I often group Philip Pullman's His Dark Materials with George R.R. Martin's A Song of Ice and Fire when discussing its impact on the fantasy landscape. That's because both play on the same stereotype of the genre — the heroic white male whose plot armor and heart are both so thick, they can never do wrong or die. In Martin's opening novel, A Game of Thrones, he kills Ned Stark three-quarters of the way through. It's a shock when that happens (much like it is on screen in Game of Thrones' first season). Audiences are prepared to accept his survival at all costs, even when reality says otherwise. Martin's twist was merely recognizing it.
His Dark Materials takes much of the same tack in the first book, The Northern Lights (or in the U.S., The Golden Compass). Lord Asriel is, in Lyra's eyes, the hero, and despite all evidence to the contrary, the audience is willing to accept it. Mrs. Coulter is the terrible mother figure, the evil witch from fairy tales. Viewers are supposed to understand both Asriel and Coulter are ambitious people who were too alike to ever last as a couple. But the assumption is still that Lyra's version is semi-correct. We are primed to blame the woman for sin and see the man as the hero.
The opening to this final episode, "Betrayal," plays into those assumptions. Lyra has begun to see through some of her father's crap (Her "It's been quite a journey to get here," response to his questions about Iorek is hilarious, as is her jibe about his taste in women and bears.) But there's still a great deal of hero worship. That she's come all this way to give him the alethiometer - which is *hers* - simply because he, as an adult male, should have it, speaks volumes about the gender dynamics at play here.
Despite all that, the show isn't as willing as Game of Thrones to hide the twist in plain sight. Instead, it puts it front and center and dares us to pretend it's not happening along with Lyra. Roger insists Asriel's behavior spooks him. "He looked at me like he was a wolf." It also lays the sentimentality on thick, finally using daemons correctly in the scene that follows. The daemons play happily on the floor, like a pair of kittens tease fighting and snuggling, representing what their souls are doing while Roger and Lyra are in the tent. One can only hope that Season 2 gives us more of that.
Asriel takes Lyra to his lab, giving the show one last chance to spell out Dust to the slow people in the back, complete with biblical quotes to ground this all in the Christian faith. The Magisterium used to ignore Dust until it was discovered it only settled during puberty, which is why the Cardinal, Mrs. Coulter, et al., have drawn a direct connection to original sin and Adam and Eve. (In this world, Eve eats the apple, and her daemon settles.) Asriel's role here, at least as he explains it to Lyra, is the curious scientist. The alethiometer works through Dust, but why? And how? Daemon-cutting is also a massive source of energy, which leads to more questions.
That last bit is significant because when Lyra wakes up and discovers Asriel and Roger left, she realizes the burst of energy cutting Roger would produce will open the doorway Asriel seeks. Lyra putting two and two together lessens the shock. But the sequence where she goes after them, only to find herself under attack from the Magisterium, is well done, including Lyra's response to finding herself in the middle of a battlefield, which (unlike so many fantasy adventures) feels age-appropriate. She melts down in terror in a crevice. Iorek has to rescue her and pull her out of the battle where she's frozen in fear.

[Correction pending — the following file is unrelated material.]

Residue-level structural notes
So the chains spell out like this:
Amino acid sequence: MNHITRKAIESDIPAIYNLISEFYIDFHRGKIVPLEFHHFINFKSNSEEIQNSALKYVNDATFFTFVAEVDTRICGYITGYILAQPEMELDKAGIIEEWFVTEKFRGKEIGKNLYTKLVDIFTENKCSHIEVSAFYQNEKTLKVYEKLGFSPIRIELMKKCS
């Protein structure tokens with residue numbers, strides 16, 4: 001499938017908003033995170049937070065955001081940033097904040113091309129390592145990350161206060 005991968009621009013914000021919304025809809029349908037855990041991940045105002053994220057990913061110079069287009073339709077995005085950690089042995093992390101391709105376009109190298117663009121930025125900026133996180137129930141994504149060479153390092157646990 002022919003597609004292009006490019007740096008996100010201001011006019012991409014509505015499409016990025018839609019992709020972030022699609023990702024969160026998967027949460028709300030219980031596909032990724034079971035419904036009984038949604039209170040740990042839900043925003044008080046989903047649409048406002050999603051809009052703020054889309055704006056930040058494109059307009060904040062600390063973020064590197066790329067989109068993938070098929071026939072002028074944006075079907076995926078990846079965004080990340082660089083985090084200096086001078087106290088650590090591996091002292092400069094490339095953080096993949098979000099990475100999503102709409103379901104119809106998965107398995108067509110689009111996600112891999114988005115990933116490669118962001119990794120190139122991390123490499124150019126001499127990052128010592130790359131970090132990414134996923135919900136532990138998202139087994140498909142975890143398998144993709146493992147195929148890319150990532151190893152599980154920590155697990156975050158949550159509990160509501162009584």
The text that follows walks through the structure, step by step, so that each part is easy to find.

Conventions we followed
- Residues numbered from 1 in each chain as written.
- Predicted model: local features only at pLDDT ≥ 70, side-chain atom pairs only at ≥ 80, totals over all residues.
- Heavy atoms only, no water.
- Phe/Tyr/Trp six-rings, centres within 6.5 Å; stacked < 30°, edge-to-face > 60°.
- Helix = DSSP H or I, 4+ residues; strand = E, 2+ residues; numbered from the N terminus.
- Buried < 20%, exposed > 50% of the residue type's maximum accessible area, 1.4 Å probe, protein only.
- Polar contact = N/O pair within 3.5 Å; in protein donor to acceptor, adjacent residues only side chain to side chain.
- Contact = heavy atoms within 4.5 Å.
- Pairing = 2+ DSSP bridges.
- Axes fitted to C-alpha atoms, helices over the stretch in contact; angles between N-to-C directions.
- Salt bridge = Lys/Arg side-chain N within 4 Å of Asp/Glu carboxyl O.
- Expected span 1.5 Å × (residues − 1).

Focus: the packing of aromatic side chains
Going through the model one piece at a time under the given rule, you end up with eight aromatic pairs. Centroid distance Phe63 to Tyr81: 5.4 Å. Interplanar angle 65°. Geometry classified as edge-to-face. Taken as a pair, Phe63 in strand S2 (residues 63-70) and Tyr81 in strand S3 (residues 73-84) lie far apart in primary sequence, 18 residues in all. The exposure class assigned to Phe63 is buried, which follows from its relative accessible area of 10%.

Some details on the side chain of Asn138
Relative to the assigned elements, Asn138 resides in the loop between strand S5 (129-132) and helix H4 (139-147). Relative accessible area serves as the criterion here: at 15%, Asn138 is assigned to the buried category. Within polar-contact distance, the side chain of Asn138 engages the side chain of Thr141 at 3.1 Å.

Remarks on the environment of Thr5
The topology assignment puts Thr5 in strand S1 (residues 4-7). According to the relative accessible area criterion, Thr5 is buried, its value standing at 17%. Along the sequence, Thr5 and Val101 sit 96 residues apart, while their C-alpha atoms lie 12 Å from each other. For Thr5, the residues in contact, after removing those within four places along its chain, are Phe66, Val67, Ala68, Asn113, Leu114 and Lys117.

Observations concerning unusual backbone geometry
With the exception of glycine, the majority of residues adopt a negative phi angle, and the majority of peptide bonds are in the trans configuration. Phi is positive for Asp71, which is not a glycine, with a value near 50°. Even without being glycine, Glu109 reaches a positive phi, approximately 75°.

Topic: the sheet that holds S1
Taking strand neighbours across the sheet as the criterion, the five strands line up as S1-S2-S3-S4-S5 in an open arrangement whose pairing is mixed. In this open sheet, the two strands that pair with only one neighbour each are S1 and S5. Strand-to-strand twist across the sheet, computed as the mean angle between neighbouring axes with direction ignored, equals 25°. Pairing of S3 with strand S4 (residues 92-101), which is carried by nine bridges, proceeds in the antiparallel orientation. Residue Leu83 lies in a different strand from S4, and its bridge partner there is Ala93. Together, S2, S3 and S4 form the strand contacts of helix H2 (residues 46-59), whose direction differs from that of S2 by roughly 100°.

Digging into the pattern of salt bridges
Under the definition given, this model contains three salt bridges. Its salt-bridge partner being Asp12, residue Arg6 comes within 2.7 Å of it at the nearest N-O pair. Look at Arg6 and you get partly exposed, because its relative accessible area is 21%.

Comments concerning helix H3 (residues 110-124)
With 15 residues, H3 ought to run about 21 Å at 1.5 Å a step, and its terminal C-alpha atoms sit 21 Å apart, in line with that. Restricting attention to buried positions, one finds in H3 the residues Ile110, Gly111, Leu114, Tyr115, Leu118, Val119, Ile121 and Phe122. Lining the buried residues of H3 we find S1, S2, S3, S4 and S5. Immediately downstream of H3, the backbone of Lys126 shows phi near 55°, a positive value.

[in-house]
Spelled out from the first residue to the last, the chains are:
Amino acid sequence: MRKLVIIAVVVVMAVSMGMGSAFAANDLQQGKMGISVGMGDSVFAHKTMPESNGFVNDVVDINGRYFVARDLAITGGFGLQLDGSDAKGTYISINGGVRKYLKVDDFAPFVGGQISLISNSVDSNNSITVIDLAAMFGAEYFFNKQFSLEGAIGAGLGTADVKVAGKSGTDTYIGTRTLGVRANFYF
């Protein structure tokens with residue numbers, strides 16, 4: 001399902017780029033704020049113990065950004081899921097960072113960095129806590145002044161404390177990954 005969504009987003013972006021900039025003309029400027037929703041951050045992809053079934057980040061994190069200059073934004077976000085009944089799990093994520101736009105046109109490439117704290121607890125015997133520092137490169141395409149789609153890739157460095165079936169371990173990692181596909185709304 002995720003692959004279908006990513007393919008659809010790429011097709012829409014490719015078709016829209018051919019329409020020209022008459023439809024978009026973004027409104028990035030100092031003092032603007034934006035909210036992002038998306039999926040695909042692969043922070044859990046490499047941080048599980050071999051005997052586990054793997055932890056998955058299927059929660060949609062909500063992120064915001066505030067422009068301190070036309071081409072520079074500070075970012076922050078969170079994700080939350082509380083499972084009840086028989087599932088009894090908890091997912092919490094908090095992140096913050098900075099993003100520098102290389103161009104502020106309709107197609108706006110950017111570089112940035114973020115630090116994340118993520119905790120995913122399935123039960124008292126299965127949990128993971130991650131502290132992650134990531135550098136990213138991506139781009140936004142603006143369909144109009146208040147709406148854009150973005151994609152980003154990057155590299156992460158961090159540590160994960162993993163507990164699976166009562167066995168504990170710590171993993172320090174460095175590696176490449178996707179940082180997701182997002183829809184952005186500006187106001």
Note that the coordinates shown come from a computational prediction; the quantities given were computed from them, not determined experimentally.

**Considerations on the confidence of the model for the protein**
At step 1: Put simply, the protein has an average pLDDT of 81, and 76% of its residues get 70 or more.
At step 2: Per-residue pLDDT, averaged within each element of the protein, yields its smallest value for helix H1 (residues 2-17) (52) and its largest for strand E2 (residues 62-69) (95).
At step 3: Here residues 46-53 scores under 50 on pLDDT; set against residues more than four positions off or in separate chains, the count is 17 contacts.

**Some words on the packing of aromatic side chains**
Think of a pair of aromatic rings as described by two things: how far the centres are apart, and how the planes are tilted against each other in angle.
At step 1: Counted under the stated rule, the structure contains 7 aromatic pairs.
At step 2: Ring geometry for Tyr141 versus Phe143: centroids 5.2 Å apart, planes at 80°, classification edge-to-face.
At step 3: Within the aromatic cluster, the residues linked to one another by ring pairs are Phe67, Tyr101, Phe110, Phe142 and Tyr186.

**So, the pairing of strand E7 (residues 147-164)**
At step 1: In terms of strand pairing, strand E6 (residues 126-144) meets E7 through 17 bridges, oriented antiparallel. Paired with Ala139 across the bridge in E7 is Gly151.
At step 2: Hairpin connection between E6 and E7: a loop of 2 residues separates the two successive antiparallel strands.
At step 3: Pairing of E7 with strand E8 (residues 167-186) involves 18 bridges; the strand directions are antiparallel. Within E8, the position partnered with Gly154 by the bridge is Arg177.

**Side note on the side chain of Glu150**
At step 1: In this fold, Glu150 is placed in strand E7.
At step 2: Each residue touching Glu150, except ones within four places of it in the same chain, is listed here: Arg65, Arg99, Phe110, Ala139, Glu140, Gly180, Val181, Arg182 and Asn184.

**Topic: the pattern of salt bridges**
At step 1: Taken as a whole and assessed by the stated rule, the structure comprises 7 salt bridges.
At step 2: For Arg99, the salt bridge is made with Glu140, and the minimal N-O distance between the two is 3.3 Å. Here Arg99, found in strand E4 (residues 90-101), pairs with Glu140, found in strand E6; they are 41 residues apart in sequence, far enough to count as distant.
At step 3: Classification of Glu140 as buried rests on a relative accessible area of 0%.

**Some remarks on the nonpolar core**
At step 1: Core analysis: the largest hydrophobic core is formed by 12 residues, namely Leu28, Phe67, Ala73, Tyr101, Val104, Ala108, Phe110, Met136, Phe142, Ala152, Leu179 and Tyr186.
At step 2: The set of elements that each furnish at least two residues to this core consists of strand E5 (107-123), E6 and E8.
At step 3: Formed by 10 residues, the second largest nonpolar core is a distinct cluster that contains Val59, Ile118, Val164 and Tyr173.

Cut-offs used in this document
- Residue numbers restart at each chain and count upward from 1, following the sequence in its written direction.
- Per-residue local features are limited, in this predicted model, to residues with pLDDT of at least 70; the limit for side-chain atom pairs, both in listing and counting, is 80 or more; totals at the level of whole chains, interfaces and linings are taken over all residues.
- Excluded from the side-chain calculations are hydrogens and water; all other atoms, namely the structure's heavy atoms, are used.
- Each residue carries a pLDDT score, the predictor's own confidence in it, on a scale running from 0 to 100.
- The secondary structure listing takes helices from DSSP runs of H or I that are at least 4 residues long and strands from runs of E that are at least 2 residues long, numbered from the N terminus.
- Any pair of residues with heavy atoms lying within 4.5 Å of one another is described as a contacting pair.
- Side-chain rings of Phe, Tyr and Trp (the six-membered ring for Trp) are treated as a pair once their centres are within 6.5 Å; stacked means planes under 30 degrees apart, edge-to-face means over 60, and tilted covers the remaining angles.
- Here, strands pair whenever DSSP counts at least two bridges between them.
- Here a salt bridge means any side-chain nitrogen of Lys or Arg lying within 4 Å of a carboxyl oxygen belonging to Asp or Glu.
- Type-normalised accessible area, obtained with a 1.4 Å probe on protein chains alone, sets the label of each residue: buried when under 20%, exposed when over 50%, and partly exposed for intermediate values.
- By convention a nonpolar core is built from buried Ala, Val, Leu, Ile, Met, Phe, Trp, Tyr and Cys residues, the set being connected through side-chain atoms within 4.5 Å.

Meanwhile, in our world, Will is on the move. Boreal is back, having gotten an answer from Fra Pavel to his alethiometer question from the other week, "How can I find what Grumman discovered?" Pavel says: "There's a knife in a tower surrounded by angels. His son will lead you to it." Naturally, Boreal is now pissed Will bolted after the events of last week, and worse, Thomas is dead from that punch-and-fall that happened, leaving DI Walters as Boreal's only right-hand man.
Instead of Asriel with a knife without warning, the same cutting device seen at Bolvangar is dragged out, and Roger shoved in. Lyra is merely too late to save him. The explosion throws her down the mountain, leaving Asriel alone with his doorway, and Coulter walking up to join him. James McAvoy and Ruth Wilson get the erotic charge out of discovery very right. What they don't get is how insane Asriel is. He wants to find God, and overthrow him. Thet's partly the language: "A new republic of heaven" sounds all well and fine. But it doesn't have the same impact as "pull down heaven and make it anew with Marisa Coulter as his queen." It also loses Marisa's excuse of "My child is here, I have to stay" which is her trying to appease a complete nutcase who thinks he's off to kill God.
Lyra is left alone, to confront the reality that both her parents are utterly horrible, mad people. In that, at least, the show gets it right. She's going through the doorway to save the world from her father, with no idea what's on the other side. But here the show steps away from the books too. Instead of Lyra tumbling out to the traffic island where Will is hiding from the cops, both step through openings into the multiverse. Which world will they wind up in when Season 2 picks up? The world will have to wait for 2020 to find out.